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Judicial cooperation in criminal matters within the EU is based on the principle of mutual recognition of judicial decisions. The EAW and the ‘common rules on detention’, which include three mutual recognition Framework Decisions1, were created to improve judicial cooperation in the EU. These laws enable prison sentences, probation decisions or alternative sanctions and pre-trial supervision measures to be executed in an EU country other than the one in which the person is sentenced or awaiting trial, such as the country of nationality, residence or another EU country with which the person has close ties.2

Their implementation is based on the principle of mutual trust, which implies that conditions of  detention and procedural safeguards are equivalent in all EU Member States. In reality, however, large discrepancies exist, which might raise significant fundamental rights concerns. At the same time, the poor implementation of the Framework Decisions has been criticised by the European Commission, which highlighted the need for improvements and harmonisation among Member States.3

With regard to detention conditions, the Commission’s Green Paper on Detention stressed that “Detention conditions can have a direct impact on the smooth functioning of the principle of mutual recognition of judicial decisions”, adding that “prison overcrowding and allegations of poor treatment of detainees may undermine the trust that is necessary to underpin judicial cooperation within the European Union.”4 In addition, information on prison conditions in the EU should be more easily accessible. It is indeed crucial for surrendering States in deciding whether to transfer a  prisoner or not as it addresses the question of refoulement. There seem currently to be difficulties  in providing courts with sufficient evidence.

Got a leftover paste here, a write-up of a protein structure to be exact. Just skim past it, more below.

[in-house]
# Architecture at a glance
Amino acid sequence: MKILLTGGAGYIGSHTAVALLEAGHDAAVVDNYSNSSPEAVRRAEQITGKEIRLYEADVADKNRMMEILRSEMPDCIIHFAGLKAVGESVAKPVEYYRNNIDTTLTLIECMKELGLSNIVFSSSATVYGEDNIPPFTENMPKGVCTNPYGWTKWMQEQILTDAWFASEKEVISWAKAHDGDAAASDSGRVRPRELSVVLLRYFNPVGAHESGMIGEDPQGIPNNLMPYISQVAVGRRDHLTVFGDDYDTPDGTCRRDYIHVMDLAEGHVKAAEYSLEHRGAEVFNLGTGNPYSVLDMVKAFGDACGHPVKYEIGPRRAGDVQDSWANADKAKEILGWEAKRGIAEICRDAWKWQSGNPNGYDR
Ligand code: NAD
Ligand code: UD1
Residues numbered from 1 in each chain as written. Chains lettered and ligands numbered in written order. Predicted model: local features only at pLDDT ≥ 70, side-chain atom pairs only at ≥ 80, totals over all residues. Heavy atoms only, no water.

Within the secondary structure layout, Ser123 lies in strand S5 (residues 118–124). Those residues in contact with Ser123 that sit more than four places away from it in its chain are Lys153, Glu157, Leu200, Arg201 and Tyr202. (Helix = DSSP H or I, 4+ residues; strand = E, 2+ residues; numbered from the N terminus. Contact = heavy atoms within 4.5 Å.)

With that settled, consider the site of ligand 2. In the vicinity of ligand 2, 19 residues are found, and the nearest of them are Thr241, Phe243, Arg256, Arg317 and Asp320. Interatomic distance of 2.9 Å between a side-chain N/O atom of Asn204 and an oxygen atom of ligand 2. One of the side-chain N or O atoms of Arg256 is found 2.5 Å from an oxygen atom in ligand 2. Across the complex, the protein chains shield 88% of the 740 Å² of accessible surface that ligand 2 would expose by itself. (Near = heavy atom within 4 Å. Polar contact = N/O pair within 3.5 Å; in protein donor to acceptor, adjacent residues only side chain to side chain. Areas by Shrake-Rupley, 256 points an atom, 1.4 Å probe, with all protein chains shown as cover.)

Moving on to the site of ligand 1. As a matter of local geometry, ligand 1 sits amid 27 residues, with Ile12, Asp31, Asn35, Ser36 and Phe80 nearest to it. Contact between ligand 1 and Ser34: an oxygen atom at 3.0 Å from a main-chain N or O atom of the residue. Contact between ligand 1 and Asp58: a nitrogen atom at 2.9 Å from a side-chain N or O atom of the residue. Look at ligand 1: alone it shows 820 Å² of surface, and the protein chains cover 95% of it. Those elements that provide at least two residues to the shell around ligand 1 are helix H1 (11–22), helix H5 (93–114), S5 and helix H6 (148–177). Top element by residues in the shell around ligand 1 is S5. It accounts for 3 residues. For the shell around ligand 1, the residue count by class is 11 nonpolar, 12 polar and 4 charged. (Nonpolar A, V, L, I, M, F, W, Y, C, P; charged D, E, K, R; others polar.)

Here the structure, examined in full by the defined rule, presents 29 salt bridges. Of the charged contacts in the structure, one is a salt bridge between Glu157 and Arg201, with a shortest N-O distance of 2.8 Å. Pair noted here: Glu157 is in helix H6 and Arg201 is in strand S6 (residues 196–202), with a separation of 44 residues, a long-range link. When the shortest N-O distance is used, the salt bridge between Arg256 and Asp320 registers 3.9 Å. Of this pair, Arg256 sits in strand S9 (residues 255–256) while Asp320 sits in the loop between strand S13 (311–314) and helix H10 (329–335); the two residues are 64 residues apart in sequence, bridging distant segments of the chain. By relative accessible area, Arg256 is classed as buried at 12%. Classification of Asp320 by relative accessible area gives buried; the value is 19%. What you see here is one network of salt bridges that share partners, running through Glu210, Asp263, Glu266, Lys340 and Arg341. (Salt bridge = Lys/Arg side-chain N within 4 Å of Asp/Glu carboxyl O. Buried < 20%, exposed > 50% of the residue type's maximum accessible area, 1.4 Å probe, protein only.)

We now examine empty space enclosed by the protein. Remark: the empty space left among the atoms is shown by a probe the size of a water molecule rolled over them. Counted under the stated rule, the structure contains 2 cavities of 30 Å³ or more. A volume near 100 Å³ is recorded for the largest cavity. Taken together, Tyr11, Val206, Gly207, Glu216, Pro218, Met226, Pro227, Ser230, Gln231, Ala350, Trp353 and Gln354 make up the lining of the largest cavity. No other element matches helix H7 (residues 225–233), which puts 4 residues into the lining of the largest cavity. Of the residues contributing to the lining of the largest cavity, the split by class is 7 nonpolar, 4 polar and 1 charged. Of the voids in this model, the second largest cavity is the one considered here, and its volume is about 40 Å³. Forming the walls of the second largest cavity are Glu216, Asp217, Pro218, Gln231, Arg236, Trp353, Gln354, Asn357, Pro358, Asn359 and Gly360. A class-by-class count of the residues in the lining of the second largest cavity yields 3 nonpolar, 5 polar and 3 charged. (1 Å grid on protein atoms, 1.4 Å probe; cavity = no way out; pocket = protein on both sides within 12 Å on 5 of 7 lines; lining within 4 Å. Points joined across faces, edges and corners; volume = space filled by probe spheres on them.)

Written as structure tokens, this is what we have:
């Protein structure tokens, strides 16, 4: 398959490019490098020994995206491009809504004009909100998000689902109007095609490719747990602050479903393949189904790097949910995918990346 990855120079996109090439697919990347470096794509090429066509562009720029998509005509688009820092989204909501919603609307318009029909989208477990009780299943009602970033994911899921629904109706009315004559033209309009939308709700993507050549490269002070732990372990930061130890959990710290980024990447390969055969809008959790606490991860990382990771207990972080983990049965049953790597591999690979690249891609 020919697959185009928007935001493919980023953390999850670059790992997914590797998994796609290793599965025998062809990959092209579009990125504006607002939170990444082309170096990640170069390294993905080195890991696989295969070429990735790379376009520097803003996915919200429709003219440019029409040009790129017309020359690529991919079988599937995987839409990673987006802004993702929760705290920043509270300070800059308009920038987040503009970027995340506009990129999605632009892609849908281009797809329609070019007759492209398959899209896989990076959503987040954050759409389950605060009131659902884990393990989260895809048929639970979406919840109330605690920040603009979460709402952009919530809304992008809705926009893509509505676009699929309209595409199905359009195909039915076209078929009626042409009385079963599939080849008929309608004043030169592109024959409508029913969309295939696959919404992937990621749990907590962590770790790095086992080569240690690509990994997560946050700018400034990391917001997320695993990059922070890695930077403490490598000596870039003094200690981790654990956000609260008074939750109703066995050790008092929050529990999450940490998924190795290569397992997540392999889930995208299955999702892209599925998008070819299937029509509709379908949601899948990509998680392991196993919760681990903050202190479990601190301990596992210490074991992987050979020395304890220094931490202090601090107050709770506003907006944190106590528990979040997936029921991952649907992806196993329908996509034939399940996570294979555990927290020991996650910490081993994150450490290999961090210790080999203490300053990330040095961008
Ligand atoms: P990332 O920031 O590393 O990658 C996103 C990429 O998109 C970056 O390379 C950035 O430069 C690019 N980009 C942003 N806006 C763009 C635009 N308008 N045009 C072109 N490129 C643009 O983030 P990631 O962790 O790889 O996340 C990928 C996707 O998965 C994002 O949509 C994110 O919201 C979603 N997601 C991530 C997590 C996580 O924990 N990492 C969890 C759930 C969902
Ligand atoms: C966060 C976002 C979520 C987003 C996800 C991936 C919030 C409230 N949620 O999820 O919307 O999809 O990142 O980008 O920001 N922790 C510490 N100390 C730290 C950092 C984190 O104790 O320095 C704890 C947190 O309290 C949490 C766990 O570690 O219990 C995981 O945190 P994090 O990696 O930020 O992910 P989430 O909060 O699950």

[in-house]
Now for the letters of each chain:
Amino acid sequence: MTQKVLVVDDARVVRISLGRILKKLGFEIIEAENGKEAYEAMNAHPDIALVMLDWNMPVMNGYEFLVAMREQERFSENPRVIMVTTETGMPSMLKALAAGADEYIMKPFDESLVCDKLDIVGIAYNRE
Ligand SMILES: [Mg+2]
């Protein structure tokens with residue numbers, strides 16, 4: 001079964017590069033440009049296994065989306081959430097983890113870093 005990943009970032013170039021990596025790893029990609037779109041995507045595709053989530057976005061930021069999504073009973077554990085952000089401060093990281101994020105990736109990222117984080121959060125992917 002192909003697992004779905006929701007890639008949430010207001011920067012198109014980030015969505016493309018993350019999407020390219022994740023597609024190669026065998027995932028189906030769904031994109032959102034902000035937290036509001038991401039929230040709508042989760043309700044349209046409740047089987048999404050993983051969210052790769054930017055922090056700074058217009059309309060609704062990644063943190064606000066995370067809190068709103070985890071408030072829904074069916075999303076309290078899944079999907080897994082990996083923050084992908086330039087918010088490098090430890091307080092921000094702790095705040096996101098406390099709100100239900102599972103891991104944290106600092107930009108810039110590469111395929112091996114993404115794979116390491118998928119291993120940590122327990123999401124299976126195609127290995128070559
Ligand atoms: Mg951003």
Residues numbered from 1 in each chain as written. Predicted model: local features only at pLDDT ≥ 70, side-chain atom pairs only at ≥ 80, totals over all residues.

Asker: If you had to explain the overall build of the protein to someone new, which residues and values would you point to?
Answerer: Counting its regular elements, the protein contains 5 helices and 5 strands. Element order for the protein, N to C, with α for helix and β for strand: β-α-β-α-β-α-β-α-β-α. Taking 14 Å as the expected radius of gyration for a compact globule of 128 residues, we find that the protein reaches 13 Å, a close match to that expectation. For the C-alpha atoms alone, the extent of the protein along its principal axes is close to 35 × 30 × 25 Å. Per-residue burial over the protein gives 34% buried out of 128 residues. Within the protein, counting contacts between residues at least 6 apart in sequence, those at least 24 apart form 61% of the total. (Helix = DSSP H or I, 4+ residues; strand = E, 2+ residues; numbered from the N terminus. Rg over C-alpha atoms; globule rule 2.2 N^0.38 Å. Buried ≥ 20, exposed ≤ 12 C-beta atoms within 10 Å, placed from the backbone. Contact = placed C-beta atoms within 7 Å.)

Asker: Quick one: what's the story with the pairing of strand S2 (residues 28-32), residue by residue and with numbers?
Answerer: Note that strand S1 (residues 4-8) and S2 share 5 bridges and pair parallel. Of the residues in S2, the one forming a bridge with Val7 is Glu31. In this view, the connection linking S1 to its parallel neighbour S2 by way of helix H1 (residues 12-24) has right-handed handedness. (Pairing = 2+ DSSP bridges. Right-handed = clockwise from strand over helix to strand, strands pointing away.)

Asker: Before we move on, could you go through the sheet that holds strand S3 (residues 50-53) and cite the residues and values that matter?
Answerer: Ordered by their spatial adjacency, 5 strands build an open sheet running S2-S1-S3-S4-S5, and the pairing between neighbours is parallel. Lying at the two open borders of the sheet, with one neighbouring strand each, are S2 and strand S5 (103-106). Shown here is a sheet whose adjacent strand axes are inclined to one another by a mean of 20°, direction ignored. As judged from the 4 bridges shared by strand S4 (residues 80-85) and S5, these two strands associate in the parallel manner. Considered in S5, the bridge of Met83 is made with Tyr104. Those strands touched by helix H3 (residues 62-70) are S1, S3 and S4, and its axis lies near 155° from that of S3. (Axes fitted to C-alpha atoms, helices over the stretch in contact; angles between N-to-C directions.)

With regard to some of these implementation challenges, National Preventive Mechanisms (NPMs) could play an important role: the Optional Protocol to the UN Convention against Torture (OPCAT) – ratified by 24 of the 28 EU Member States - obliges State Parties to set up a system of preventive monitoring of places of detention, providing them with systematic observations and  recommendations on the protection of detainees against torture and ill-treatment.

Currently 24 NPMs carry out monitoring visits to places of detention in the EU and thus possess a considerable expertise about the treatment and conditions of detention in their countries. At the same time, research recently conducted by the BIM shows that there is hardly any interaction  between the judiciary and NPMs on the national level and even less so across Europe.5 The expertise and first-hand knowledge of NPMs as main bodies monitoring the treatment in detention thus remains unused in the application and monitoring of EU law implementation.

The project therefore aims to fill this gap by increasing the awareness of the judiciary of NPMs and the relevance of the latter in the implementation of the EAW and common rules related to detention. The project also intends to increase coordination among these stakeholders.


Text of the three laws here:
See EU Press Release, 5 Feb. 14
EC Report to the EU Parliament and the Council on the implementation by Member States of FDs 2008/909/JHA, 2008/947/JHA and 2009/829/JHA on the mutual recognition of judicial decisions on custodial sentences or measures involving deprivation of liberty, on probation decisions and alternative sanctions and on supervision measures as an alternative to provisional detention
Green Paper on Detention, p.4
DG Justice Project on “strengthening the implementation and follow up of torture monitoring bodies recommendations in the EU” carried out with the Human Rights Implementation Centre (Bristol Univ.)


Ramin Farinpour
Course Director and Senior Lawyer - Criminal Law
phone: +49 (0)651 937 37 310
fax: +49 (0)651 937 37 773
Foto: Ramin Farinpour LL.M.